An emotion-filled haka — the Maori war dance — was performed by a New Zealand biker gang to honor the Christchurch dead.
The country remained on high alert, with police on Sunday briefly closing an airport in the southern city of Dunedin — where Tarrant had lived — after an unidentified package was spotted on the airfield. The airport re-opened a few hours later.
In Australia, counter-terrorism police searched two homes early Monday, both near the town of Grafton where Tarrant grew up.
“The primary aim of the activity is to formally obtain material that may assist New Zealand police in their ongoing investigation,” a police statement said.

Fighting for life
Authorities said 34 people remained in hospital.
Among those fighting for their lives is four-year-old Alin Alsati. The pre-schooler was praying alongside her father Wasseim at the Al Noor mosque when she was shot at least three times.
Her father, who was also shot, recently emigrated to New Zealand from Jordan.
The number of dead and injured could have been higher, were it not for people such as Afghan refugee Abdul Aziz.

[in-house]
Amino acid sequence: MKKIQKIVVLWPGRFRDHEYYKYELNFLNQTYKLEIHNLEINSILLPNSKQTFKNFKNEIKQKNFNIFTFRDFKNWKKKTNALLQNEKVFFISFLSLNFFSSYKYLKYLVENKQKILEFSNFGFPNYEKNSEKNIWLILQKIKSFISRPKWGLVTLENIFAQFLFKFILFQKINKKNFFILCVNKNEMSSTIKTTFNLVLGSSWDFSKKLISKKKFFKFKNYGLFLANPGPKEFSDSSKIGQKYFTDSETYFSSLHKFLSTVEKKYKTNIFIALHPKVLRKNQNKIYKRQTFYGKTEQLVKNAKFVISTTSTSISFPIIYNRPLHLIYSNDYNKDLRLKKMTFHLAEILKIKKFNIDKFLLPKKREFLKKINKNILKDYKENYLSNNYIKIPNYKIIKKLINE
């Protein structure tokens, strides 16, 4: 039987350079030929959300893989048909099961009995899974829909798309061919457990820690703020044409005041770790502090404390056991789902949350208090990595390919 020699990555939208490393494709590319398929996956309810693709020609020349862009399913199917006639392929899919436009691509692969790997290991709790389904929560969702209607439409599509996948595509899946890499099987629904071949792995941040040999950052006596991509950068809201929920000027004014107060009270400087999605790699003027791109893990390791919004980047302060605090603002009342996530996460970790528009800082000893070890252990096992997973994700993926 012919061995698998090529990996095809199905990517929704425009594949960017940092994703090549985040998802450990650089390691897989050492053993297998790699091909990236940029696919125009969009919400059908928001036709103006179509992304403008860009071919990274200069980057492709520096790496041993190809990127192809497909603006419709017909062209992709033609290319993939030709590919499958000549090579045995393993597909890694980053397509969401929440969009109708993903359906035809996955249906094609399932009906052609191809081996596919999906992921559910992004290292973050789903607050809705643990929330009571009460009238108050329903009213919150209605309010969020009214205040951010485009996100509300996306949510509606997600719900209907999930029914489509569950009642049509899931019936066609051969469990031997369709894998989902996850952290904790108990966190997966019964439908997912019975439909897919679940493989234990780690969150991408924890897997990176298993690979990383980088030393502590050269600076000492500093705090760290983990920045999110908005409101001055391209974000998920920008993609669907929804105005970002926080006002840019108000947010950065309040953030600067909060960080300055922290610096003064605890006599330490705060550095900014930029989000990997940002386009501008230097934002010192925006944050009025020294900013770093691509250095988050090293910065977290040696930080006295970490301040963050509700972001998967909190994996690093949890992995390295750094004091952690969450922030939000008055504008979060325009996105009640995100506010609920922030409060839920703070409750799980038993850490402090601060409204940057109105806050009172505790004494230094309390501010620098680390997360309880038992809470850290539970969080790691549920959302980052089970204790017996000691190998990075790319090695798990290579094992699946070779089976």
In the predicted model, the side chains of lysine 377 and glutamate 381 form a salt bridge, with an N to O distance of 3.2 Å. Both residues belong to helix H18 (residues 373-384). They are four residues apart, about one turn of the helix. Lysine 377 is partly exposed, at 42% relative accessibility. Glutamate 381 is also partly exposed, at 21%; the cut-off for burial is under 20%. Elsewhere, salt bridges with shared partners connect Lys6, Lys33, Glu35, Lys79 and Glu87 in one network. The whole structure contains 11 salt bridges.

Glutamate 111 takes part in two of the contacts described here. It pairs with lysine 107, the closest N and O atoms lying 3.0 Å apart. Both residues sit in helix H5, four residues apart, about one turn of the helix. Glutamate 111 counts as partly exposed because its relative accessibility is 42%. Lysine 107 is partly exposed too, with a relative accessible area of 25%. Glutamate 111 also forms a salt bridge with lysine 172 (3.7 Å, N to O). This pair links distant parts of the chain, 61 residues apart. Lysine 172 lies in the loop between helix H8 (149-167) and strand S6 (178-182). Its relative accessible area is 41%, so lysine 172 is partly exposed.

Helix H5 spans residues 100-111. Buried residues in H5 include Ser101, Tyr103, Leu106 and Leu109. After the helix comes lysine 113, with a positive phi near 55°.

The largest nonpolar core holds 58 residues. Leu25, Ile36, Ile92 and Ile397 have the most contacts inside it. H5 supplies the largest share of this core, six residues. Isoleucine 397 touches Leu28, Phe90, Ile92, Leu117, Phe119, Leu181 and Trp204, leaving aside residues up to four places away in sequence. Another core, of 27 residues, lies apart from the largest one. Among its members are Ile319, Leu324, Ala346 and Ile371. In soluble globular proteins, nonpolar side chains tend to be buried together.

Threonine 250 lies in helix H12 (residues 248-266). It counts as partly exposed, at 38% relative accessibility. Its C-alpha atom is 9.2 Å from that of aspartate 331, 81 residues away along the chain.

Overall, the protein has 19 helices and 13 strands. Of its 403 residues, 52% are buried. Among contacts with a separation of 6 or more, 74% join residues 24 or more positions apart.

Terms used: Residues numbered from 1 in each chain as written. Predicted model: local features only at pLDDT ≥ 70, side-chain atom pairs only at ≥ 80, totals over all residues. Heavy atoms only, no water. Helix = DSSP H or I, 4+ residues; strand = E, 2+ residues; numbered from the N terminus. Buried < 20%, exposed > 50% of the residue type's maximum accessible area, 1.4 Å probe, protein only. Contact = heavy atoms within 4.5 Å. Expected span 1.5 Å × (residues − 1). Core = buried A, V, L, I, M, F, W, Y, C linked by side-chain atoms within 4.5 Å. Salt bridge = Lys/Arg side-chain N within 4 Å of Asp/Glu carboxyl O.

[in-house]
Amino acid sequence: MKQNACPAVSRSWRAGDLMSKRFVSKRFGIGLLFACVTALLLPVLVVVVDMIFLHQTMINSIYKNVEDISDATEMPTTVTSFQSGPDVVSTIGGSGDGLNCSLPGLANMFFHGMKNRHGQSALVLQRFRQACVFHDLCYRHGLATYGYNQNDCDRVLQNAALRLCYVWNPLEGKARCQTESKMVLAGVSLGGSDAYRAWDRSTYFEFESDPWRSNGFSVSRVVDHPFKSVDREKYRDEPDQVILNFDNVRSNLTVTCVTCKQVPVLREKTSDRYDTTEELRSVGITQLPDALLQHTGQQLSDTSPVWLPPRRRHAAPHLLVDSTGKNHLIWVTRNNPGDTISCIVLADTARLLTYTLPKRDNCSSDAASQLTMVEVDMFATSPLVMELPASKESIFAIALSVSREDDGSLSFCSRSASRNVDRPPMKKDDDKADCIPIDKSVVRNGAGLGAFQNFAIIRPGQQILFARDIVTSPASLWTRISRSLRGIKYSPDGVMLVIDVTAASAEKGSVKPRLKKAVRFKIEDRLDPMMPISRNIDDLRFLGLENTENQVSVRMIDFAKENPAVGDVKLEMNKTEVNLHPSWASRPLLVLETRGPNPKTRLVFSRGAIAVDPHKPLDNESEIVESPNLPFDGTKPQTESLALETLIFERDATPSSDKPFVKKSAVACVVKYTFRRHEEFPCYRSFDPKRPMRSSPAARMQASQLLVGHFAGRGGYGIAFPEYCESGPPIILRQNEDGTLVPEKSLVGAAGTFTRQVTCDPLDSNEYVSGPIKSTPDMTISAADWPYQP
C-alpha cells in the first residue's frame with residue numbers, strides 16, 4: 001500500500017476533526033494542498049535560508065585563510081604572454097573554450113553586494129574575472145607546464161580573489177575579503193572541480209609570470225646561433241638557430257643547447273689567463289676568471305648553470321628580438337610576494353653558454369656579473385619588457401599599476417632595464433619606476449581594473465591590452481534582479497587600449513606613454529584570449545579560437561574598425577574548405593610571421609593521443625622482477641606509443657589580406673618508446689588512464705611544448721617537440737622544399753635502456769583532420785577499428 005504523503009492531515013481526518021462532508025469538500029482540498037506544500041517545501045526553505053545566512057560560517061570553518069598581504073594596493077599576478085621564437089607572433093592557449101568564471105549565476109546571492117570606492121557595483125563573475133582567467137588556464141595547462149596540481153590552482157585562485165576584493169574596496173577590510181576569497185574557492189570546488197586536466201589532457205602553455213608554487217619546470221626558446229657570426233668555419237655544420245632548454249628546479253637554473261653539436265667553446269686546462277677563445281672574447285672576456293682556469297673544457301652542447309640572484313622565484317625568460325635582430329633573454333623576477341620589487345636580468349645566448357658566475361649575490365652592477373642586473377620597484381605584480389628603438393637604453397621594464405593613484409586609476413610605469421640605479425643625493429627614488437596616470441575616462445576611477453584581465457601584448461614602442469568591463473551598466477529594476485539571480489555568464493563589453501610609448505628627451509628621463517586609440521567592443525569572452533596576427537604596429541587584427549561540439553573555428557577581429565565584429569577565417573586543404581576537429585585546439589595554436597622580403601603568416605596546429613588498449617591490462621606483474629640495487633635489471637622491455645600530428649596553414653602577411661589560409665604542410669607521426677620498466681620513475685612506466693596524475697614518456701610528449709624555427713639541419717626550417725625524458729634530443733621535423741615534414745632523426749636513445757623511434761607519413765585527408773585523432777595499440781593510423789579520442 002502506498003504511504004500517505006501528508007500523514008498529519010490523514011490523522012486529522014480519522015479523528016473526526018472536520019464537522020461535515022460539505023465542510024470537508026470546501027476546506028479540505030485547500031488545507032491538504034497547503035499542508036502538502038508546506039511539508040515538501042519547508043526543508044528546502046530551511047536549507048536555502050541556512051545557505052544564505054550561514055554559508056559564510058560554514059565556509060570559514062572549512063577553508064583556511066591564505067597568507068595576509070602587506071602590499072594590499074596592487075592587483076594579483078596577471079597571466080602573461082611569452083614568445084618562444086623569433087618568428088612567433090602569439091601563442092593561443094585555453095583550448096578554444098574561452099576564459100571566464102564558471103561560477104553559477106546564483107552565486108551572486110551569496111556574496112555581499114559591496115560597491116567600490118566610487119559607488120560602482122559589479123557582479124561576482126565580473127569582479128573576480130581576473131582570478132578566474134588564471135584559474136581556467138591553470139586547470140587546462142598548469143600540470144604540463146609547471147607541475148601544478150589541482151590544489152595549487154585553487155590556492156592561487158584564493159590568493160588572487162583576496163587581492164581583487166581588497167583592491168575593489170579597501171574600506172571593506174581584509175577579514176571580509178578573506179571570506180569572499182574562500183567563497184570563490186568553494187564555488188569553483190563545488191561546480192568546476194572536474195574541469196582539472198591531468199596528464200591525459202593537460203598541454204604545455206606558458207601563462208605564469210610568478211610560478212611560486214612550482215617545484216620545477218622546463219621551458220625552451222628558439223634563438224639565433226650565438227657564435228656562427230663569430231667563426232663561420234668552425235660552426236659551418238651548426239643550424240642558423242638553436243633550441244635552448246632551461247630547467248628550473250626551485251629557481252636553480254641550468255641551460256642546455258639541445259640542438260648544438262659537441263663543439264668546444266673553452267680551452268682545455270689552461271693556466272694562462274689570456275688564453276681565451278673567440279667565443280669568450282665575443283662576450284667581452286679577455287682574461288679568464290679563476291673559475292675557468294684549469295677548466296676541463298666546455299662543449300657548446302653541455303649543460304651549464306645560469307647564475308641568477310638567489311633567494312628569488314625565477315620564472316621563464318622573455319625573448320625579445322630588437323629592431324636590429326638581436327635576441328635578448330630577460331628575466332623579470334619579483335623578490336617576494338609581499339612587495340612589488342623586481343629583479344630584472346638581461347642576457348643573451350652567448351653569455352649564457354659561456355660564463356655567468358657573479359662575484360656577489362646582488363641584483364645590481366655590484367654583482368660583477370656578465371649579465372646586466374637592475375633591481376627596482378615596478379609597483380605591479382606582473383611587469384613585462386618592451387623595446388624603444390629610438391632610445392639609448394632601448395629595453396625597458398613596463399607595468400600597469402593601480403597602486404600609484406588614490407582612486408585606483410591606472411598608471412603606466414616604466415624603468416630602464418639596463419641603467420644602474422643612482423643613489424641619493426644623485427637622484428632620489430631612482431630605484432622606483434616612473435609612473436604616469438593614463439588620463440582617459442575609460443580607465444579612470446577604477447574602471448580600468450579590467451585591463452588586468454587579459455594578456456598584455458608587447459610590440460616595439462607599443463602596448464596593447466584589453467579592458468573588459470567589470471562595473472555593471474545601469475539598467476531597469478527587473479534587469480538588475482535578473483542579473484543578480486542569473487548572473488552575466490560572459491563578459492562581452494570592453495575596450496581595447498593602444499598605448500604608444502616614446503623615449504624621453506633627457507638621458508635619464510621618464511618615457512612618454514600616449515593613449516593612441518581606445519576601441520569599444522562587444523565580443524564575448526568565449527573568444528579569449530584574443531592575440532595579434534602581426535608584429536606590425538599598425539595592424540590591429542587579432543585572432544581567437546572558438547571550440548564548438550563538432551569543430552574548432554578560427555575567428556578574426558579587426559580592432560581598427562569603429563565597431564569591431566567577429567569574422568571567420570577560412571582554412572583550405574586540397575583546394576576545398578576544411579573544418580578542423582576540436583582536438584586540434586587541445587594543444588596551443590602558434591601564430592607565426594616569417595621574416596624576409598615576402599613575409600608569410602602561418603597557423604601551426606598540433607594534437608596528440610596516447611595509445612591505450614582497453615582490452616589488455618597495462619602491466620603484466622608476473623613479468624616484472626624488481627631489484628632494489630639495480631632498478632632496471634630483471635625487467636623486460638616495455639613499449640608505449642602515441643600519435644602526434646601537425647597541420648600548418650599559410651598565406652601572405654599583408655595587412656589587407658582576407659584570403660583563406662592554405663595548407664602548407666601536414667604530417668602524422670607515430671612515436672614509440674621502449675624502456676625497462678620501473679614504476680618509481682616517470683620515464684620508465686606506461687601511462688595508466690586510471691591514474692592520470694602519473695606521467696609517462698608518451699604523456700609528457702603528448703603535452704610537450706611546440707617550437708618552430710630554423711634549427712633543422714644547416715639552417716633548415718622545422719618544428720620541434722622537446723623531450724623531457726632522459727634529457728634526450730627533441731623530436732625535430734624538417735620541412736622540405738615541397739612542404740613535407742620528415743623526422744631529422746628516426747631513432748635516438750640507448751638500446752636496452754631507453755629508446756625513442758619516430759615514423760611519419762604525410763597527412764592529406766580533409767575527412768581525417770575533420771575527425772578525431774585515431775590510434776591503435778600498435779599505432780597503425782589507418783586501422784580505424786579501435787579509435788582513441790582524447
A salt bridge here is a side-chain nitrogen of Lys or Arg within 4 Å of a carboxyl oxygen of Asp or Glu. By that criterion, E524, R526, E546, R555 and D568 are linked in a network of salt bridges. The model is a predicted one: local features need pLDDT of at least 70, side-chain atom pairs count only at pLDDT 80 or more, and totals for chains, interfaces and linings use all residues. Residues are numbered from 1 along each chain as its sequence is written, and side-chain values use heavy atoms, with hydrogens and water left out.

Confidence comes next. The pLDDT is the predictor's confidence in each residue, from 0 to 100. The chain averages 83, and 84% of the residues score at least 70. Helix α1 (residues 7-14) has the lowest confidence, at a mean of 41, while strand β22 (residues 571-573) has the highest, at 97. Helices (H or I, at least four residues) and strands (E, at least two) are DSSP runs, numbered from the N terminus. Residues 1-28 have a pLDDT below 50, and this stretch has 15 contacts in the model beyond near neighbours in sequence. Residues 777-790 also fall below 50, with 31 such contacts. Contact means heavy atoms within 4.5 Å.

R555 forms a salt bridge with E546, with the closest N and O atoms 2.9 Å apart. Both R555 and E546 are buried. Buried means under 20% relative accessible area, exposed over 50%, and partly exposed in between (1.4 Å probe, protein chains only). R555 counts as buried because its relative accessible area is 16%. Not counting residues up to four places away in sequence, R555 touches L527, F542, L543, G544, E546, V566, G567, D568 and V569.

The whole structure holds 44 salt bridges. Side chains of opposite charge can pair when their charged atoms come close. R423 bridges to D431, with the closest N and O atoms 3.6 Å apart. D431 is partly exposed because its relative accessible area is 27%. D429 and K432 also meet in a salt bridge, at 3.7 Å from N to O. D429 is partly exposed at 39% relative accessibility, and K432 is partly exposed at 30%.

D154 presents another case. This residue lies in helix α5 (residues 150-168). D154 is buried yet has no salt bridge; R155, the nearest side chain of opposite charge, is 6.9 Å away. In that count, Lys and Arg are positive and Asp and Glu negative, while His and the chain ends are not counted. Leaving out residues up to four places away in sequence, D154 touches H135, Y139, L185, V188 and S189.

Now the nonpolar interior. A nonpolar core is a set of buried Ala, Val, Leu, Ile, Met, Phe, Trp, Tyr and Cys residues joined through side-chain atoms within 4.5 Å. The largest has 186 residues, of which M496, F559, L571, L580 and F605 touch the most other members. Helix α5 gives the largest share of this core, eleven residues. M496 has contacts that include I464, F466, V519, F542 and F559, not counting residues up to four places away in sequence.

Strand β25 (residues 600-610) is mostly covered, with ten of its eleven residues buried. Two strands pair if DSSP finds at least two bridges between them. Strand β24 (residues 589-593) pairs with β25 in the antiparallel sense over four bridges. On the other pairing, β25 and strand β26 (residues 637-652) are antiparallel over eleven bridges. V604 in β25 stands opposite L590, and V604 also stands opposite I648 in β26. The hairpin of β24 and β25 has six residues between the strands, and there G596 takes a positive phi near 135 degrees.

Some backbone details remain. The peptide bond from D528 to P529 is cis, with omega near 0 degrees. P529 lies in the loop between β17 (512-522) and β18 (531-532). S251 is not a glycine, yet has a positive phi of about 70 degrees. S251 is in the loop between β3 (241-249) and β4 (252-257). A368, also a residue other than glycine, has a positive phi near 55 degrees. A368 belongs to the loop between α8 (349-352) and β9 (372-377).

Aziz was at the Linwood mosque with his four sons when he rushed the attacker armed with the only weapon he could find — a hand-held credit card machine.
He then picked up an empty shotgun discarded by the gunman and shouted “come on here” in an effort to draw him away from his sons and the other worshippers.
“I just wanted to save as much lives as I could, even if I lose my life,” he told AFP.
The mosque attacks have shaken this usually peaceful country, which prides itself on welcoming refugees fleeing violence or persecution.
Ardern has said she would use the cabinet meeting to press for a ban on semi-automatic weapons of the type used by Tarrant. A series of reform attempts in recent years have failed.
Ardern also wants answers from social media giants over the livestreaming of the carnage.
Facebook said it had removed 1.5 million videos of the attack around the world in the first 24 hours.


Thousands rally in support of Hong Kong police

Updated 20 July 2019
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Thousands rally in support of Hong Kong police